They came in, anxious and excited, barely able to be contained. But in the end they got back in body bags. They adapted quickly to leave a lot of stuff behind that they wouldn't use in the jungle so they didn't carry a lot. Their arms were heavy from the duty they had to do while their stomachs were tight cause of the little food.

    "we had no home front
    We had no soft soap
    They sent us playboy
    They gave us bob hope
    We dug in deep
    And shot on sight
    And prayed to Jesus Christ with all of our might."

    They didn't have a good front line, since it was asymmetrical warfare. They didn't get luxury supplies as soap, but got playboy and comedians to keep the morale high. They dug themselves in to keep the vietcong back and shot everyone who they saw in the jungle. They prayed that they wouldn't be the next the vietcong would take.

    "We had no cameras
    To shoot the landscape
    We passed the hash pipe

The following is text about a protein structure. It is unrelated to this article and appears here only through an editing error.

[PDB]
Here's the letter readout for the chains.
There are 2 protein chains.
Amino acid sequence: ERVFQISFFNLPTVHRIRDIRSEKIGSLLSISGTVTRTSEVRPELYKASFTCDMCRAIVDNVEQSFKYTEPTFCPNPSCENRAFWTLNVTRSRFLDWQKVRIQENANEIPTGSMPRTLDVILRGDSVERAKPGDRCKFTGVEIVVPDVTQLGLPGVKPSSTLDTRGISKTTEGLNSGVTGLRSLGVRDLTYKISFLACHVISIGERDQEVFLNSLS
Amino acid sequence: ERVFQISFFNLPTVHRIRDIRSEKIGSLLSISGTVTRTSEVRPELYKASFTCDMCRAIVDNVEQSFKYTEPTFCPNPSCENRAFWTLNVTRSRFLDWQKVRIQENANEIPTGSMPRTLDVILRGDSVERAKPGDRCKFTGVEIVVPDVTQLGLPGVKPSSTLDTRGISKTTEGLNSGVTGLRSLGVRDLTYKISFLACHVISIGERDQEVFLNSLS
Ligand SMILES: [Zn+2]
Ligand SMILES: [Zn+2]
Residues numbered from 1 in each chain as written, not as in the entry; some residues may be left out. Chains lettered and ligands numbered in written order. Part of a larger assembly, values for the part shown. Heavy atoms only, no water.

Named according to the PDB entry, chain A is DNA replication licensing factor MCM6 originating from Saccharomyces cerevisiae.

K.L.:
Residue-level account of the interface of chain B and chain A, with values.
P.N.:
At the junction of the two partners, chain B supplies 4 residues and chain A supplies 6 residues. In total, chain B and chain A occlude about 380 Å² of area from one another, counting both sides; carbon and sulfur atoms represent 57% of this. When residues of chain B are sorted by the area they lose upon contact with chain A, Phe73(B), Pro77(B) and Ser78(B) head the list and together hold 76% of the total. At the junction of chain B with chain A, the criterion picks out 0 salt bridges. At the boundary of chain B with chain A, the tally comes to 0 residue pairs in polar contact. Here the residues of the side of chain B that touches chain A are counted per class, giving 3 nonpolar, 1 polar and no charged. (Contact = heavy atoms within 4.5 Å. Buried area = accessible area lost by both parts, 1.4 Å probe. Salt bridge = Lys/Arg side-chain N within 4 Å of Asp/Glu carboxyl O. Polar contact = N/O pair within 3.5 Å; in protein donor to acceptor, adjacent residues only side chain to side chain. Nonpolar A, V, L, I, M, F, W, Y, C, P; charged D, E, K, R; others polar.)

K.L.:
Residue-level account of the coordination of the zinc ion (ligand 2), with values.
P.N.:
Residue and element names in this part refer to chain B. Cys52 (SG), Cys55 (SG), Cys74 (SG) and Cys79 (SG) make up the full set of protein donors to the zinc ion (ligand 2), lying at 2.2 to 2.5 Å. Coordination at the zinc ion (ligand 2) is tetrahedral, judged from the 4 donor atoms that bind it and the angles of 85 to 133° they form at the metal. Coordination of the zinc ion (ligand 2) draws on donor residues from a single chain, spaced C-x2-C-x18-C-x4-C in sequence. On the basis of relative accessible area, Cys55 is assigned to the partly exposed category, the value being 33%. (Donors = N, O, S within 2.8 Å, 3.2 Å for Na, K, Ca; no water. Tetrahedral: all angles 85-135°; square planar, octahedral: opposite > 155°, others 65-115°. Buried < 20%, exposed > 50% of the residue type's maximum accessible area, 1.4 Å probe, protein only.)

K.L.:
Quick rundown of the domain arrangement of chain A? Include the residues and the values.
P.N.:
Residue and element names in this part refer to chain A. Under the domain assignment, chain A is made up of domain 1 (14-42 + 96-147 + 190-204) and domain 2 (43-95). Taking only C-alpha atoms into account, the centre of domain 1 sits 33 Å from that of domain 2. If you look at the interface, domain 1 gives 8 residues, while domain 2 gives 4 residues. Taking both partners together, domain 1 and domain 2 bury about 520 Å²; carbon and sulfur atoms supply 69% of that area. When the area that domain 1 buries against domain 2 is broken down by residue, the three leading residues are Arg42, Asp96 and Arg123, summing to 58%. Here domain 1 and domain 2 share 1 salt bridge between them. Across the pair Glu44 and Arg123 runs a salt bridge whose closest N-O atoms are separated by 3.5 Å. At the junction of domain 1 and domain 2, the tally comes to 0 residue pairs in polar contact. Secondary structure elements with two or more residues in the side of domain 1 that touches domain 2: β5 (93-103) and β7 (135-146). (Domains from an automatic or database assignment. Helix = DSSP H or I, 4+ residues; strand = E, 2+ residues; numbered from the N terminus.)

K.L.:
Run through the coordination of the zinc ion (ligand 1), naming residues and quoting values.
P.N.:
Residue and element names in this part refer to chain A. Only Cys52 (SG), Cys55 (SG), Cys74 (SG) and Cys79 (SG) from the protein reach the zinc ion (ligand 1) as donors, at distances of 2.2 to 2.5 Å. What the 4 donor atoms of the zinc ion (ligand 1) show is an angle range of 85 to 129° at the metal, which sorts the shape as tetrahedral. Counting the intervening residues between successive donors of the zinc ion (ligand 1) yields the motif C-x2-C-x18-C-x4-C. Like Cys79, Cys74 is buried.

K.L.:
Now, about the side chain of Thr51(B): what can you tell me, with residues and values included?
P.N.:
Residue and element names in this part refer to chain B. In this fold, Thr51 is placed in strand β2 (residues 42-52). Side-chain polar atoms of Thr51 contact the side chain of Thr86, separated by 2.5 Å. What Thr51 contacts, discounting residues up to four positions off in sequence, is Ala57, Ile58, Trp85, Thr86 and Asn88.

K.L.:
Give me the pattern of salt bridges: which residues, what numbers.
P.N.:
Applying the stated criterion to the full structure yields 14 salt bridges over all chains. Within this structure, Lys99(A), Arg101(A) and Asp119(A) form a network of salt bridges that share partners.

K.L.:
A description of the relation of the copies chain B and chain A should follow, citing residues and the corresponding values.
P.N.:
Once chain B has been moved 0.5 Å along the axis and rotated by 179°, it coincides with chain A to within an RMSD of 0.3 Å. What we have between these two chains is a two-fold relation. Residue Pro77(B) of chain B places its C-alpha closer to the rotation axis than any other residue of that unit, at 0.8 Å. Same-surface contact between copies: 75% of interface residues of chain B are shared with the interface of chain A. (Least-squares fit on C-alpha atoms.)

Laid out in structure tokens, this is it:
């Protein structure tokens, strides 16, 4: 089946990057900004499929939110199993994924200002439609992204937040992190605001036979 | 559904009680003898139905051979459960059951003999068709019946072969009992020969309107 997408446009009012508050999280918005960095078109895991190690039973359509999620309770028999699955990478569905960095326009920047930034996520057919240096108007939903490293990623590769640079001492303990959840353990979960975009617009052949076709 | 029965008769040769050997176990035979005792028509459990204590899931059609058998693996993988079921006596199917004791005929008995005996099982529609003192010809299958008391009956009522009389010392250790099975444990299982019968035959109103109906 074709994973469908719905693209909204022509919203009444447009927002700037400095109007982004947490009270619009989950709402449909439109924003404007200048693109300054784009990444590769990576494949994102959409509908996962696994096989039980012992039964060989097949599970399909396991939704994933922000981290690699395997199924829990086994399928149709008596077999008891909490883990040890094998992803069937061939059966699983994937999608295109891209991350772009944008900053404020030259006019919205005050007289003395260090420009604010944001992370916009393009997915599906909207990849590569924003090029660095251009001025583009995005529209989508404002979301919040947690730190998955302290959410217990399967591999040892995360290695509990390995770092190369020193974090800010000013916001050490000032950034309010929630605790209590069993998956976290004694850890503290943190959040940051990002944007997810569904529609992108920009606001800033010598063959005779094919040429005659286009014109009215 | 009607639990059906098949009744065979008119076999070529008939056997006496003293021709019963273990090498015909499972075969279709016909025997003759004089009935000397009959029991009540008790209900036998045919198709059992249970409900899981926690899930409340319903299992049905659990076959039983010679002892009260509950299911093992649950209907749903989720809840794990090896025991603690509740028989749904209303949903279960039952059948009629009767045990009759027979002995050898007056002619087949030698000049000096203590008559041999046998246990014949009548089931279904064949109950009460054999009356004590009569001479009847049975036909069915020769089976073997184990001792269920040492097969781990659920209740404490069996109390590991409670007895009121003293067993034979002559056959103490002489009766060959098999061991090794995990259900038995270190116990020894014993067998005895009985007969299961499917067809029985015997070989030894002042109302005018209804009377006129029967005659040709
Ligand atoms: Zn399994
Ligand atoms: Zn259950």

And played our Doors tapes
    And it was dark
    So dark at night
    And we held onto each other
    Like brother to brother
    We promised our mothers we'd write"

    They couldn't record what they were going through, or the beauty of a peaceful Vietnam to sent back home. They were on drugs and listened to tapes from The Doors (A US rock group). The night in the jungle was dark cause there was nothing to light it and they sought to each other for support and courage, like brothers help brothers. And they promised their mother's they'd write from Vietnam, something they barely could at times.

    "And we would all go down together
    We said we'd all go down together
    Yes we would all go down together"

    And they were all going through it together. They'd all make it together, or they'd all die together.

    "Remember Charlie?
    Remember Baker?
    They left their childhood
    On every acre
    And who was wrong
    And who was right?
    It didn't matter in the thick of the fight"

    Charlie was the nickname for the Vietcong, and Baker is a common US surname. I think this means that both sides had young men dying, losing their childhood to this war cause they didn't survive. And when there, nobody cared who was right, it was insanity. They forgot when they were fighting and just fought to survive.

    "We, held the day
    In the palm of our hands
    They, ruled the night
    And the night, seemed to last as long as six weeks